Three bomb blasts in Bangkok this week trained the spotlight on Thailand, an unpleasant development in a country that sells itself as a safe destination for tourists.
Tourism is a major industry in Thailand so it is easy to understand why police, defense and security officials have been quick to rule out the series of explosions on February 14 as part of terror attacks for fear foreign visitors might stay away.
But the Nation newspaper says officials need to “wake up and admit the truth”, rather than play the incidents down.
Three Iranians were arrested in Thailand and Malaysia following the explosions in a Bangkok residential area. The first bomb went off accidentally in an apartment being rented by the suspects, police reports say. The second was hurled at a cab that refused to take one of the suspects, while the third wounded the bomber himself.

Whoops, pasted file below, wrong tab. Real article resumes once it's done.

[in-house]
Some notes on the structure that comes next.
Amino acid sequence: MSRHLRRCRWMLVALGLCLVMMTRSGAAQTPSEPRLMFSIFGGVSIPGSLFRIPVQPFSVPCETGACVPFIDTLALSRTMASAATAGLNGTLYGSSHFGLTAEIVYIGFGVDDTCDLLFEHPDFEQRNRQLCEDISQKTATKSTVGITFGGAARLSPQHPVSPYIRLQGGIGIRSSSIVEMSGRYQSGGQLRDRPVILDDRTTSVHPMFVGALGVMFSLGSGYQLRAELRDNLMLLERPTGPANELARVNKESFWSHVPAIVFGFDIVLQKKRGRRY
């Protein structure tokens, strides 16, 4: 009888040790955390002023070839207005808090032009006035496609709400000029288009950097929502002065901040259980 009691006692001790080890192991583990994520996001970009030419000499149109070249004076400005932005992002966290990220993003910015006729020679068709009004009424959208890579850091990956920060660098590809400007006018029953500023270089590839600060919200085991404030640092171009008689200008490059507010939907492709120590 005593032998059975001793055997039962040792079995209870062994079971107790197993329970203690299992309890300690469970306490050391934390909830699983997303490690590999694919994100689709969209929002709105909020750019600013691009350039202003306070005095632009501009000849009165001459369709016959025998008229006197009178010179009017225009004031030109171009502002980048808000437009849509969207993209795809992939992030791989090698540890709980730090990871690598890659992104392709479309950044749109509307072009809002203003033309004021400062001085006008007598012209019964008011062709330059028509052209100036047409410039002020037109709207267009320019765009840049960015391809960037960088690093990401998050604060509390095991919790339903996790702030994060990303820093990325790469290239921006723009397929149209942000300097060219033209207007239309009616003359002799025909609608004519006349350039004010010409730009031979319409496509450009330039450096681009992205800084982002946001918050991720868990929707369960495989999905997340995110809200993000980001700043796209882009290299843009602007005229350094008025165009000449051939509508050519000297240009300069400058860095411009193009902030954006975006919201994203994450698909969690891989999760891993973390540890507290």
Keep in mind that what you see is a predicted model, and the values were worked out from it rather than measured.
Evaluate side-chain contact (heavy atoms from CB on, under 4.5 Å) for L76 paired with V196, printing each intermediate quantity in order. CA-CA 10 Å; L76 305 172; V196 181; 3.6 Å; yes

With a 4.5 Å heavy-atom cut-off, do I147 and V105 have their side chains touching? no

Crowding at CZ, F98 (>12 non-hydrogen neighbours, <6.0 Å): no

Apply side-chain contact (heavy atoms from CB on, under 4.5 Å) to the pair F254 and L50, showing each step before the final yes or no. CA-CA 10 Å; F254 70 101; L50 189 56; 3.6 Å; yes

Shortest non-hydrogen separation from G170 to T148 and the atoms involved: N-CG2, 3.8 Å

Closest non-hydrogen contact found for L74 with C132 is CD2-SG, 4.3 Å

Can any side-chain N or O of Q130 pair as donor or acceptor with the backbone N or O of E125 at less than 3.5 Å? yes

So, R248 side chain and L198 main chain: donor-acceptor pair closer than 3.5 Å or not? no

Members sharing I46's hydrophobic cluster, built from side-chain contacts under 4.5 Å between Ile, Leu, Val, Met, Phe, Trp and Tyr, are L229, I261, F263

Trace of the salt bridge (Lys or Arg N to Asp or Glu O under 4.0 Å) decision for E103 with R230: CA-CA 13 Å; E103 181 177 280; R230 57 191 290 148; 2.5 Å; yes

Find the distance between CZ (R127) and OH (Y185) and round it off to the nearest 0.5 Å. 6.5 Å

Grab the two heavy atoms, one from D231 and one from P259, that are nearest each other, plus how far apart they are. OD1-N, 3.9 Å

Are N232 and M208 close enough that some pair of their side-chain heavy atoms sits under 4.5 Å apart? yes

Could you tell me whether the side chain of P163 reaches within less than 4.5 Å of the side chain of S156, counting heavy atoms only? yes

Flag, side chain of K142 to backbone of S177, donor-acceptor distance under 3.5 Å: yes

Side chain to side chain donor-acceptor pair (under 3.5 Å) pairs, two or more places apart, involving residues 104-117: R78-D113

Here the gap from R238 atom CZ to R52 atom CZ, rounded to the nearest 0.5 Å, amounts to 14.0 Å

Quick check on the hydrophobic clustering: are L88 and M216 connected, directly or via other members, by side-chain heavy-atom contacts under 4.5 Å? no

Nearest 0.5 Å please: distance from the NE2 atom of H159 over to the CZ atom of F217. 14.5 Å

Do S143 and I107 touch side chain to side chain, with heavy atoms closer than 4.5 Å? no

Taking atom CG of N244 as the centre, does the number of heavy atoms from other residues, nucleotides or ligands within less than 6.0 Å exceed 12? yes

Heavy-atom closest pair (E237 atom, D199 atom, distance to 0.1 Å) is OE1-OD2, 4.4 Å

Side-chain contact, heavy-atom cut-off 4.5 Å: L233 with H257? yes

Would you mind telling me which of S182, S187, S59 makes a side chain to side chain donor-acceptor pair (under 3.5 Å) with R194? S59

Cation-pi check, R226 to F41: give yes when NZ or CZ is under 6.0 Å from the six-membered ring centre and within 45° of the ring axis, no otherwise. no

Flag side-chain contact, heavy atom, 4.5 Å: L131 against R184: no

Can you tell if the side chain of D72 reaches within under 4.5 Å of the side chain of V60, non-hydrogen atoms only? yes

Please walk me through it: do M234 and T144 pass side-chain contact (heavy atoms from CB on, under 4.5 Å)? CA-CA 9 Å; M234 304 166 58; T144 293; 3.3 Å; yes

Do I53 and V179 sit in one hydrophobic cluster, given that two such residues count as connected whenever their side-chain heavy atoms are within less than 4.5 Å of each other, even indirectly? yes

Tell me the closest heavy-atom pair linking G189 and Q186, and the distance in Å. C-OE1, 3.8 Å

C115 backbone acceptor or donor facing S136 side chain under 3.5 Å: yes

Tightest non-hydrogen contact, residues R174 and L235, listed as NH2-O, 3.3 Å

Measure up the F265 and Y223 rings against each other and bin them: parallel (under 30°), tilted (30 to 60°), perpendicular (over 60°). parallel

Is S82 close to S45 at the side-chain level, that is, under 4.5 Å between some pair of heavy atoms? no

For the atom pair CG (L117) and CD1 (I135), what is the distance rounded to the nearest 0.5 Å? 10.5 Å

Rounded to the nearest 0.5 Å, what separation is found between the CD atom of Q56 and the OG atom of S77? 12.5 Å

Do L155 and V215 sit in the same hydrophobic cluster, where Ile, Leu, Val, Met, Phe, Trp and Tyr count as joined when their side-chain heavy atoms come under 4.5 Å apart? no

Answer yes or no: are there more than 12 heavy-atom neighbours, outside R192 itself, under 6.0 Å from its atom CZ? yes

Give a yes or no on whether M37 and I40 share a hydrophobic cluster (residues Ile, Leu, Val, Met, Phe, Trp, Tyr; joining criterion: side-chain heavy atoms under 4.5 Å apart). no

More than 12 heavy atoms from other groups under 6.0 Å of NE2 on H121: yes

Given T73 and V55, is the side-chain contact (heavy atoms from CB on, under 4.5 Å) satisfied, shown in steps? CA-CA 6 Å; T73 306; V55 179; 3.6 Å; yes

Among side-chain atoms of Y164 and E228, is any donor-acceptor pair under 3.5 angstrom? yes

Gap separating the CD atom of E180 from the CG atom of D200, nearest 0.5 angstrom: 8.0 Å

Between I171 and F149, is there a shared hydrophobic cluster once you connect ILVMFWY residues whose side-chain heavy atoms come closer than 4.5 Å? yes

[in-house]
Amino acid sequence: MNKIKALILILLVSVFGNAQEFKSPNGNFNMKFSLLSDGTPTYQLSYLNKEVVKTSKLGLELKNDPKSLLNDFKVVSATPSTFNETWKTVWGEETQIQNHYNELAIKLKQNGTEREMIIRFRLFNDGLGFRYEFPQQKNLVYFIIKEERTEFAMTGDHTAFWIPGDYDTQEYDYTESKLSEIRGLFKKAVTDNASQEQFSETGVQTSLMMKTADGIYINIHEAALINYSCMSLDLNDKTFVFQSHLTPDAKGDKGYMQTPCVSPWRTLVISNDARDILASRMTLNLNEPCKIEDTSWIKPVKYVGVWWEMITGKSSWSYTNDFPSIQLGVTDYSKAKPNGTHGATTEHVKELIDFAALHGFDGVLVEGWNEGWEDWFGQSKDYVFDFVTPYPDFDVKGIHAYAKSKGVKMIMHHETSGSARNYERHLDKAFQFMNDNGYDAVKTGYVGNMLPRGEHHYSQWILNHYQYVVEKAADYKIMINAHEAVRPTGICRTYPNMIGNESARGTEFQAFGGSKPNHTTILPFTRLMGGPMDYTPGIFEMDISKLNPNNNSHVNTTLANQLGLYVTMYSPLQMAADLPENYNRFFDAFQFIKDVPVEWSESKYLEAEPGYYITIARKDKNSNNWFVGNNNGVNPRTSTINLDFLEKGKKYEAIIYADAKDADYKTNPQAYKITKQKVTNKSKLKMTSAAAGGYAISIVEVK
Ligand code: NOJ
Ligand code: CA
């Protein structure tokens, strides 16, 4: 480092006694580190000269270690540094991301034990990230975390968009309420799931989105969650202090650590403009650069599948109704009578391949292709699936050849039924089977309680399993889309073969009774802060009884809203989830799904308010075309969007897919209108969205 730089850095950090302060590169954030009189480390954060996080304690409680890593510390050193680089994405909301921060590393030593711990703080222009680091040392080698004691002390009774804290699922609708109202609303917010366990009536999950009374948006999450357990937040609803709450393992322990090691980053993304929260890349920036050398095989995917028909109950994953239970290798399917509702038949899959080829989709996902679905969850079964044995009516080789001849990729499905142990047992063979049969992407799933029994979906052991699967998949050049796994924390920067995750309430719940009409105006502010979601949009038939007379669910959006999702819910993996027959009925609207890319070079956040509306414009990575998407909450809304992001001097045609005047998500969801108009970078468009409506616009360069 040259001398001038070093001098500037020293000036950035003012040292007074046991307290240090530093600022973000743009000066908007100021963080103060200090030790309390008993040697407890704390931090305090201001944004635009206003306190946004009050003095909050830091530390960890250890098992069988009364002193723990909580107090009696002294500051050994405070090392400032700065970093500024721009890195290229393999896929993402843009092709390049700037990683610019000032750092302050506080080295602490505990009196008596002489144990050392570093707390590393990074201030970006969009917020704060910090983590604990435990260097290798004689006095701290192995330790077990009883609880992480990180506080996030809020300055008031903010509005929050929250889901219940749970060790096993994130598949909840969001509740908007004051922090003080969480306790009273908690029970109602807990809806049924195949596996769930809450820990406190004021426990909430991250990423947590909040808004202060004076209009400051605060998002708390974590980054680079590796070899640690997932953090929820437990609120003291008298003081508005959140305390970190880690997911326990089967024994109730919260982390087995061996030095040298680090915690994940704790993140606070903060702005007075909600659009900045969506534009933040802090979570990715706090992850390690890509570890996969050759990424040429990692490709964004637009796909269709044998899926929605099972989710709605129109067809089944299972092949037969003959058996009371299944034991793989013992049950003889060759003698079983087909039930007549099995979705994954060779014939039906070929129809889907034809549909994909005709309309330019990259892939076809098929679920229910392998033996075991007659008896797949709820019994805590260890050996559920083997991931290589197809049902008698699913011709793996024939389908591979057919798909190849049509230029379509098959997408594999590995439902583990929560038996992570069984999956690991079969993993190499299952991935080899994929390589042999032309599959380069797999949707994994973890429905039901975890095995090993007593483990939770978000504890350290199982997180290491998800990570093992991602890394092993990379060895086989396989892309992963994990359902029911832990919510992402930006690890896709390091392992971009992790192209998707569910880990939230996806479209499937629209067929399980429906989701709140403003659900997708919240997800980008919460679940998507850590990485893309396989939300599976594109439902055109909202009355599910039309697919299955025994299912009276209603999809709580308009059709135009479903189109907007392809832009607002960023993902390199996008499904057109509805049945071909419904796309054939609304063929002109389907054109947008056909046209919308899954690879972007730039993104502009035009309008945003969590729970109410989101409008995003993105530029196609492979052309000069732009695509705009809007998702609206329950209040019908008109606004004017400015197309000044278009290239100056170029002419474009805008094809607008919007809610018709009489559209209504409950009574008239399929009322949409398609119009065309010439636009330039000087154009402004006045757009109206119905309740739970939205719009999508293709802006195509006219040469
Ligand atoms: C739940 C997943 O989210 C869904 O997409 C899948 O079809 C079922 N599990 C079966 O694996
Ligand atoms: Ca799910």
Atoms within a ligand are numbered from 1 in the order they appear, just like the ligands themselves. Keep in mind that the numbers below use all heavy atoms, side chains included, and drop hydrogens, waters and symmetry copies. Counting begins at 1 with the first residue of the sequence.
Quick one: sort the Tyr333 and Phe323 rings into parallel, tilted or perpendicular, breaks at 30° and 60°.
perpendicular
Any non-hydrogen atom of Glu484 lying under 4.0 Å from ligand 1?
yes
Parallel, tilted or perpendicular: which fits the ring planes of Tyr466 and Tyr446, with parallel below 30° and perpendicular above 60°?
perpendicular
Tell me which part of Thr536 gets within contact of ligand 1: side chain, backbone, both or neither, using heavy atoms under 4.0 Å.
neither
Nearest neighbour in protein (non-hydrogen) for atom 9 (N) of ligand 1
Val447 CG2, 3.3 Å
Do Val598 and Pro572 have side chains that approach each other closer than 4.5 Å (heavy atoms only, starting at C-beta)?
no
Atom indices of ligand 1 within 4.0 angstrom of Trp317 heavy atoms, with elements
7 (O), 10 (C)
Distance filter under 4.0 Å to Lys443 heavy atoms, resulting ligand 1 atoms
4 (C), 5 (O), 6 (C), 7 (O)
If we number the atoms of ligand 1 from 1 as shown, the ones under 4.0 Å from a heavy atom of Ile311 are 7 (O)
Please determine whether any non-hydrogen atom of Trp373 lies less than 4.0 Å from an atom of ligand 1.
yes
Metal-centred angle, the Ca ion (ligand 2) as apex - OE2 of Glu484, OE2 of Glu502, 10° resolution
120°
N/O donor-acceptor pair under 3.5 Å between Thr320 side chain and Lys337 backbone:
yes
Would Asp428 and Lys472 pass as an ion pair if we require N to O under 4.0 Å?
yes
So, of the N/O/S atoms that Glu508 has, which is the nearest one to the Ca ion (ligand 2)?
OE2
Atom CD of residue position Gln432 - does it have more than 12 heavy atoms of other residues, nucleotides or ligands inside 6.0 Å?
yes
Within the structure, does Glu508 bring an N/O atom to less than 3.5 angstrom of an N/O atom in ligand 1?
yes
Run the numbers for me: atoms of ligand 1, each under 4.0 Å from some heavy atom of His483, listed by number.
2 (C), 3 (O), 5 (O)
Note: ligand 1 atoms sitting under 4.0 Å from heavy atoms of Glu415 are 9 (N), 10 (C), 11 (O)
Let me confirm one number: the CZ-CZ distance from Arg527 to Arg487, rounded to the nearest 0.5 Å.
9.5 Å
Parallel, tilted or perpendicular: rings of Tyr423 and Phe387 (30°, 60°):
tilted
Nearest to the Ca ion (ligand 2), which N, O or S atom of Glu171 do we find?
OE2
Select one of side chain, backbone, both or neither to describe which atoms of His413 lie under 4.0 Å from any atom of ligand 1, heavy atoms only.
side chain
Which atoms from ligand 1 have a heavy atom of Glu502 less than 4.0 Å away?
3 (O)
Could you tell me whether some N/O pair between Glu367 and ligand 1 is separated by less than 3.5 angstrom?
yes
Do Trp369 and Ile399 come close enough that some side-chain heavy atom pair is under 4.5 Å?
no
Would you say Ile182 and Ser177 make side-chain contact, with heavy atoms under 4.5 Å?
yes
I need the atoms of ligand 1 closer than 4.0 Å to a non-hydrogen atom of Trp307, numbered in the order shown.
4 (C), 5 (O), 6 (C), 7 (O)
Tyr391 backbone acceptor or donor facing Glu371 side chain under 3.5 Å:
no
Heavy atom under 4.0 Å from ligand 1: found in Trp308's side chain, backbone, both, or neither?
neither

The blasts came a day after two separate incidents targeting Israeli diplomats occurred in India and Georgia. The string of incidents in the Thai capital prompted the embassies of the United States, the United Kingdom and several other countries to issue warnings to their citizens against travel to the country.
But Thailand seems to be in denial just to protect the tourist industry, the Nation says in an editorial. “No matter how the officials try to spin it, this story of clownish assassins running around Bangkok, tossing deadly explosives at taxi-drivers and police officers, does not make us feel at ease.”
Police also reject links between the latest incidents involving the Iranian nationals and the arrest last month in Bangkok of a Lebanese man for alleged possession of explosives.
“Excuse us, but two high-profile incidents involving Middle-Eastern terrorist suspects within two months should be considered a cause for concern,” the editorial concludes.